Cheng، نويسنده , , Y. and Lien، نويسنده , , F.S. and Yee، نويسنده , , E. and Sinclair، نويسنده , , R.، نويسنده ,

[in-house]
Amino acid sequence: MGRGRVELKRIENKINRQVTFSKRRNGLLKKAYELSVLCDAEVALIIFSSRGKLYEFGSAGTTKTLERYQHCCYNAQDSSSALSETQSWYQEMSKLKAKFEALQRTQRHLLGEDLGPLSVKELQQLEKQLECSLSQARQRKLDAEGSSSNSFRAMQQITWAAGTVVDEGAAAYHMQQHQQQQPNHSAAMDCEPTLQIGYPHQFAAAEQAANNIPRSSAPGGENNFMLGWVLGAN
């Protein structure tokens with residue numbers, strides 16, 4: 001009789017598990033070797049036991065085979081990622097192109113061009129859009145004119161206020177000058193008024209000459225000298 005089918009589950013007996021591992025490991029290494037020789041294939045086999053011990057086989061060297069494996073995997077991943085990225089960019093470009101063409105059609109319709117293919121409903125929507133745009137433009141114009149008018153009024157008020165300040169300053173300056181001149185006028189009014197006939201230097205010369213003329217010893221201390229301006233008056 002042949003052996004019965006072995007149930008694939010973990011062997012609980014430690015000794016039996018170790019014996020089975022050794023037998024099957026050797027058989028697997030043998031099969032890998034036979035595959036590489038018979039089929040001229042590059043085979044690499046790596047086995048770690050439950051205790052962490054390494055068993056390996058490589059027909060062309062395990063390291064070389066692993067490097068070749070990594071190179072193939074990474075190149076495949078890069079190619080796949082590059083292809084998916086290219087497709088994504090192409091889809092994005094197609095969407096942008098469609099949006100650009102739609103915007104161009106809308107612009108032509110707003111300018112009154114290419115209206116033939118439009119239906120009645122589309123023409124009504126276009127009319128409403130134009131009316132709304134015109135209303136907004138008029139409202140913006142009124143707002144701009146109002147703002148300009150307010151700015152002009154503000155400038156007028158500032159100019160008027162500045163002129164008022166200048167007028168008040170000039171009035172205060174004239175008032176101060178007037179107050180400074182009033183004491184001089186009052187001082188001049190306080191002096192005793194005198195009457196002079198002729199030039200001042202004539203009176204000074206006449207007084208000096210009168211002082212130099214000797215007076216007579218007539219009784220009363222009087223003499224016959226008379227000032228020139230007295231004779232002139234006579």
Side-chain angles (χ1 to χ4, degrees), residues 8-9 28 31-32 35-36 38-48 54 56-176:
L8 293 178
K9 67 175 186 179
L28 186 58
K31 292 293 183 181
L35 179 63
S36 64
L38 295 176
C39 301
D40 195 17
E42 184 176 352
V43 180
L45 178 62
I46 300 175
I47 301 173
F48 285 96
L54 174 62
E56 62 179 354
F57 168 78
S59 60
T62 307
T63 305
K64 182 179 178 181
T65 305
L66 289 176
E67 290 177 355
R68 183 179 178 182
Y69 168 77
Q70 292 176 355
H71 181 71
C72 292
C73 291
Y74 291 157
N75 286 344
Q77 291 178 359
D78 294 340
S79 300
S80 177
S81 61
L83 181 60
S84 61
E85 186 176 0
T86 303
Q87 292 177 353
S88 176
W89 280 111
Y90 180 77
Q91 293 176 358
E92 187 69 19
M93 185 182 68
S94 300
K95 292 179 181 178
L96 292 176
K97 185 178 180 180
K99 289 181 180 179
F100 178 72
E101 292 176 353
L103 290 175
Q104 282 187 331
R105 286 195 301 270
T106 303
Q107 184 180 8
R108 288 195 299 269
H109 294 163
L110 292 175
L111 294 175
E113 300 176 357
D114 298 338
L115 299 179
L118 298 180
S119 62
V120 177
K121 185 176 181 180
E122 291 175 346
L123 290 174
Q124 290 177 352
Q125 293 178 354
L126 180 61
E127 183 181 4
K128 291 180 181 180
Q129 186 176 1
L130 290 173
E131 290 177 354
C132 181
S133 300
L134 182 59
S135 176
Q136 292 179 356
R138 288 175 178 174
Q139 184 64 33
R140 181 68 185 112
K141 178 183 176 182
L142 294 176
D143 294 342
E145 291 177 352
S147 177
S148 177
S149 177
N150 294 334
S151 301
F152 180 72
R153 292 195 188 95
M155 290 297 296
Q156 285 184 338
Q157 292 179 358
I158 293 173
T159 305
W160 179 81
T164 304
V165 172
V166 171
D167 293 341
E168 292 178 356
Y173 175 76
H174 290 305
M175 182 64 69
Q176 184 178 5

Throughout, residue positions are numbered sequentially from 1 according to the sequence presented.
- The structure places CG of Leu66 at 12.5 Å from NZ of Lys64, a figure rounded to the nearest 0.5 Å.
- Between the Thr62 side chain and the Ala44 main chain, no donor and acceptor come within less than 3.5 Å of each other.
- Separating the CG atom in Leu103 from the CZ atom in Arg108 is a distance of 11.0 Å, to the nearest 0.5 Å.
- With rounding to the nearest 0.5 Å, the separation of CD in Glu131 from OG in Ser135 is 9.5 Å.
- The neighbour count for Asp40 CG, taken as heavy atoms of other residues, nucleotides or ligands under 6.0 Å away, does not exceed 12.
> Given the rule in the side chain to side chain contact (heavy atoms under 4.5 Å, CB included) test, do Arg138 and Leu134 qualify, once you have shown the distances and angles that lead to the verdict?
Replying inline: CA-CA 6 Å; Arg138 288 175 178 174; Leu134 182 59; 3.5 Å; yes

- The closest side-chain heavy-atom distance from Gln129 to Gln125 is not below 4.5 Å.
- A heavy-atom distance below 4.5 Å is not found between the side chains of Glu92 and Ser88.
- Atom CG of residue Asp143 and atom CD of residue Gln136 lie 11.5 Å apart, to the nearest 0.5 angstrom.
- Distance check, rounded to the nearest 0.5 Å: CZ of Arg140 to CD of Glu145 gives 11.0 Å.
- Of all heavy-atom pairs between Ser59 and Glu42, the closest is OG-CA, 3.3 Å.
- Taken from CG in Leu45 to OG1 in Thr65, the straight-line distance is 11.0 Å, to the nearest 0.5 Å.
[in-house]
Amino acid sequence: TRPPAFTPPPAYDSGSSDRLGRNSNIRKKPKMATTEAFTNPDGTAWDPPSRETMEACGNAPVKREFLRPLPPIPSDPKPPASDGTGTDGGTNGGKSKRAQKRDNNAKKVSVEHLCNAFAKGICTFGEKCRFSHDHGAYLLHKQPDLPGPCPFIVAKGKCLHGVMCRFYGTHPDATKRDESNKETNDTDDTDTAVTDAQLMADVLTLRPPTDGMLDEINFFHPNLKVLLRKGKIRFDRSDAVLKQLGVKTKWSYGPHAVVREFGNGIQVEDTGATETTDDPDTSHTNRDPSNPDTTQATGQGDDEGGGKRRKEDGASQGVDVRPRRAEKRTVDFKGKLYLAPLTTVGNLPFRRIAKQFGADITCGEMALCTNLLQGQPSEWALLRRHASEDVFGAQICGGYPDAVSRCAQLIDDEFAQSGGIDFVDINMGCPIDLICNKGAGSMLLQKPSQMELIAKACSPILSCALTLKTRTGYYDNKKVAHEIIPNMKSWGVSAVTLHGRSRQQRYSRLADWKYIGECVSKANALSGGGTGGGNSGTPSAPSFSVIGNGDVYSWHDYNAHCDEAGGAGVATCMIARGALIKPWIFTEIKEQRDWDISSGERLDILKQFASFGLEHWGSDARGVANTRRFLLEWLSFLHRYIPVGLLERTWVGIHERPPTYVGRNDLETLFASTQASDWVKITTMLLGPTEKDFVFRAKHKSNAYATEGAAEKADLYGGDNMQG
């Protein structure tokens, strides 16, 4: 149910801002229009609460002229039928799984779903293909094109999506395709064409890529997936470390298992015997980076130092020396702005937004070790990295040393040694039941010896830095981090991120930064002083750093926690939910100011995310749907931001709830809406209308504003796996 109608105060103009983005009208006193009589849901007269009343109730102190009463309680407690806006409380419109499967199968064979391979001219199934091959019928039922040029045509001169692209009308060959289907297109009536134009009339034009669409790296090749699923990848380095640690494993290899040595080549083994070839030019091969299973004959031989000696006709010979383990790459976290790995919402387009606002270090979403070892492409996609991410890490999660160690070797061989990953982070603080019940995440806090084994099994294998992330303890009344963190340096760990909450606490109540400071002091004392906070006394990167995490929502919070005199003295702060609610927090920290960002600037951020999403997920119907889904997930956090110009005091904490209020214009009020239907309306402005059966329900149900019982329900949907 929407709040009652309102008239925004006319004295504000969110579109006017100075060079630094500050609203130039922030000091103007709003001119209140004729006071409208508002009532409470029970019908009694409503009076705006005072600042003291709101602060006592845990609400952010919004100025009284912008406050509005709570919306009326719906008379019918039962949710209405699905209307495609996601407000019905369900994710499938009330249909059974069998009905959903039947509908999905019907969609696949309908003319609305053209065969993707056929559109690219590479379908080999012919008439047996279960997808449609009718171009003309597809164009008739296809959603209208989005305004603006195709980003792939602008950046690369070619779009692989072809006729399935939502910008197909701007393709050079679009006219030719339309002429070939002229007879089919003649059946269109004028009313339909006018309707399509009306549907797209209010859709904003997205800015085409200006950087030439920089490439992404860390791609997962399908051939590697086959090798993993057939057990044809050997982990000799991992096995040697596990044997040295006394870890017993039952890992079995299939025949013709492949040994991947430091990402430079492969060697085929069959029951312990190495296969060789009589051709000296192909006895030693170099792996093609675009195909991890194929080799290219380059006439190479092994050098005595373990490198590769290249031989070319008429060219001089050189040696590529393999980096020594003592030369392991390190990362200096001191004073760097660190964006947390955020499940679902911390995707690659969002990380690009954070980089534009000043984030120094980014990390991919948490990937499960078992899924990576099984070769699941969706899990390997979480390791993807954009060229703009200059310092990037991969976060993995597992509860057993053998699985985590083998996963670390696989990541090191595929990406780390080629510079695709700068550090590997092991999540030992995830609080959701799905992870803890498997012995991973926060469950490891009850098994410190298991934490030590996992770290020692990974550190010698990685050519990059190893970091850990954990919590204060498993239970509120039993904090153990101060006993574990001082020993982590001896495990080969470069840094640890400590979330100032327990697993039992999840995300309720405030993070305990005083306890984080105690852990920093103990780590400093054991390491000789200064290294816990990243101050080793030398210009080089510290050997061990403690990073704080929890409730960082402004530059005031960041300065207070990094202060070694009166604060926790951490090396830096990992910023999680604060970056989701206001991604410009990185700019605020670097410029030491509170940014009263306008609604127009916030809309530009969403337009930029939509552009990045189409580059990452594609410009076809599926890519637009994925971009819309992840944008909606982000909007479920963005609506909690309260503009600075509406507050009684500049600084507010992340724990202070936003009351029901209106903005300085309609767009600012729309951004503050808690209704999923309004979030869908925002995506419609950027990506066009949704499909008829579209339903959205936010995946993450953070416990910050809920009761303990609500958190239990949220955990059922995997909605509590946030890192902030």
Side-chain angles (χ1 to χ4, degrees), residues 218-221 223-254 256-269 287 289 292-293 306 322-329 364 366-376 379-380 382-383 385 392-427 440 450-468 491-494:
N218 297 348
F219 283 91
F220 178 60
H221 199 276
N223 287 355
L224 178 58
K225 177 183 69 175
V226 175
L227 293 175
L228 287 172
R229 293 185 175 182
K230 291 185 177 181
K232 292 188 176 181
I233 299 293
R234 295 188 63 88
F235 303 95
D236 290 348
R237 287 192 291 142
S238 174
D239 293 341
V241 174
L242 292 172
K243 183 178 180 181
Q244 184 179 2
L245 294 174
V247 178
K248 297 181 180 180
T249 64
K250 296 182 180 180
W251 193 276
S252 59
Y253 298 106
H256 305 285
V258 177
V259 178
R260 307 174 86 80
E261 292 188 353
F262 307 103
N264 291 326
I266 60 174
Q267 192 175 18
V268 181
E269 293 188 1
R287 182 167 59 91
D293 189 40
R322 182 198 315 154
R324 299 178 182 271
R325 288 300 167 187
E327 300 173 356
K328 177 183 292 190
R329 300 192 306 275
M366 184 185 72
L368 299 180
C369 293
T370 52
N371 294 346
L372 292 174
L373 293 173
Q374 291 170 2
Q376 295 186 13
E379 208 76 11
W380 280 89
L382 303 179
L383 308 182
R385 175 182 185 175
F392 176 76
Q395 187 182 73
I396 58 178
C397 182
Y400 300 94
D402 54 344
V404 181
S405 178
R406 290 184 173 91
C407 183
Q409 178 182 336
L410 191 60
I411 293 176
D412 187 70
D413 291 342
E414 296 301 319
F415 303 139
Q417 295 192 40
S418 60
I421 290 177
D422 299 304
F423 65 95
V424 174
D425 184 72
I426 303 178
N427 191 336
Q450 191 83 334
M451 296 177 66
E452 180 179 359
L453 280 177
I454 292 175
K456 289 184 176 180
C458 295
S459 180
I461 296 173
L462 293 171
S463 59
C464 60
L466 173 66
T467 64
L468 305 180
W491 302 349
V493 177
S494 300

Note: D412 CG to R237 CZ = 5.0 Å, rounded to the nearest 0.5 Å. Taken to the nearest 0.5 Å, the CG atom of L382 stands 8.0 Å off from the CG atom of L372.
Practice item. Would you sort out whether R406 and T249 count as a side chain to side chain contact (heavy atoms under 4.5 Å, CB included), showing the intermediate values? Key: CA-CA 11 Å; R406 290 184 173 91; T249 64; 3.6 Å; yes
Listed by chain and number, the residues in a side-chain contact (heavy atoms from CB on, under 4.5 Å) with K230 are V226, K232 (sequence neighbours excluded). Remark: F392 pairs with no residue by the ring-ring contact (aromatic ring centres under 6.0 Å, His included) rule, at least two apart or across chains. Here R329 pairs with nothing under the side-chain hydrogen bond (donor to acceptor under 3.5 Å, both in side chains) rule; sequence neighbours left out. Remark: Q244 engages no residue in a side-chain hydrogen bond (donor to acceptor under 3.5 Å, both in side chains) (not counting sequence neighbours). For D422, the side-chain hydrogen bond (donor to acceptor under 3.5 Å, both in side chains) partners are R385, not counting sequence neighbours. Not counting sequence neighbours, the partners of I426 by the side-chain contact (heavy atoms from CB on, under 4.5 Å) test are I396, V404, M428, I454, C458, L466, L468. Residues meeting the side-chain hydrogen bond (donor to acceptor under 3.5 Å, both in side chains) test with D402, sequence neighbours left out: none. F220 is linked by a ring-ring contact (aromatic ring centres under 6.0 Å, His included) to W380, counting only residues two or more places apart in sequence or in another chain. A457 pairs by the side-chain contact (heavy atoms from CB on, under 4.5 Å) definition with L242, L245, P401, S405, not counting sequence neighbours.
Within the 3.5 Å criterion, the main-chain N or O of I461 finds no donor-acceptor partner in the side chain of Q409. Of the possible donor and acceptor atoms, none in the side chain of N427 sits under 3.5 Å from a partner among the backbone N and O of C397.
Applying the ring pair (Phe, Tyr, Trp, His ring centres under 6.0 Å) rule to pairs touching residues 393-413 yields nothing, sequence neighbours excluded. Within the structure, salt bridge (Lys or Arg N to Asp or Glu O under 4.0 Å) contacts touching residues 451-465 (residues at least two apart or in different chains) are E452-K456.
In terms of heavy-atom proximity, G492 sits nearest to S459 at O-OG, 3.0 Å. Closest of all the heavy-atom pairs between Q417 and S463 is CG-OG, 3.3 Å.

A fully developed turbulent flow over a matrix of cubes has been studied using the large Eddy simulation (LES) and Reynolds-averaged Navier–Stokes (RANS) [more specifically, the standard k–ε model] approaches. The numerical method used in LES of an incompressible fluid flow was a second-order accurate, fully conservative discretization scheme. This scheme was used in conjunction with a dynamic semi-coarsening multigrid method applied on a staggered grid as proposed originally by Ham et al. (Proceedings of the Seventh Annual Conference of the Computational Fluid Dynamics Society of Canada, Halifax, Nova Scotia, Canada, 1999; J. Comput. Phys. 177 (2002) 117). The effects of the unresolved subgrid scales in LES are modeled using three different subgrid-scale models: namely, the standard Smagorinsky model; the dynamic model with time-averaging procedure (DMT); and, the localized dynamic model (LDM). To reduce the computational time, LES calculations were conducted on a Linux-based PC cluster using the message passing interface library. RANS calculations were performed using the STREAM code of Lien and Leschziner (Comp. Meth. Appl. Mech. Eng. 114 (1994) 123). The Reynolds number for the present flow simulations, based on the mean bulk velocity and the cube height, was 3800 which is in accordance with the experimental data of Meinders (Ph.D. Thesis, Faculty of Applied Sciences, Delft University of Technology, Delft, Netherlands, 1998). A comparison of predicted model results for mean flow and turbulence with the corresponding experimental data showed that both the LES and RANS approaches were able to predict the main characteristics of the mean flow in the array of cubes reasonably well. LES, particularly when used with LDM, was found to perform much better than RANS in terms of its predictions of the spanwise mean velocity and Reynolds stresses. Flow structures in the proximity of a cube, such as separation at the sharp leading top and side edges of the cube, recirculation in front of the cube, and the arch-type vortex in the wake are captured by both the LES and RANS approaches. However, LES was found to give a better overall quantitative agreement with the experimental data than RANS.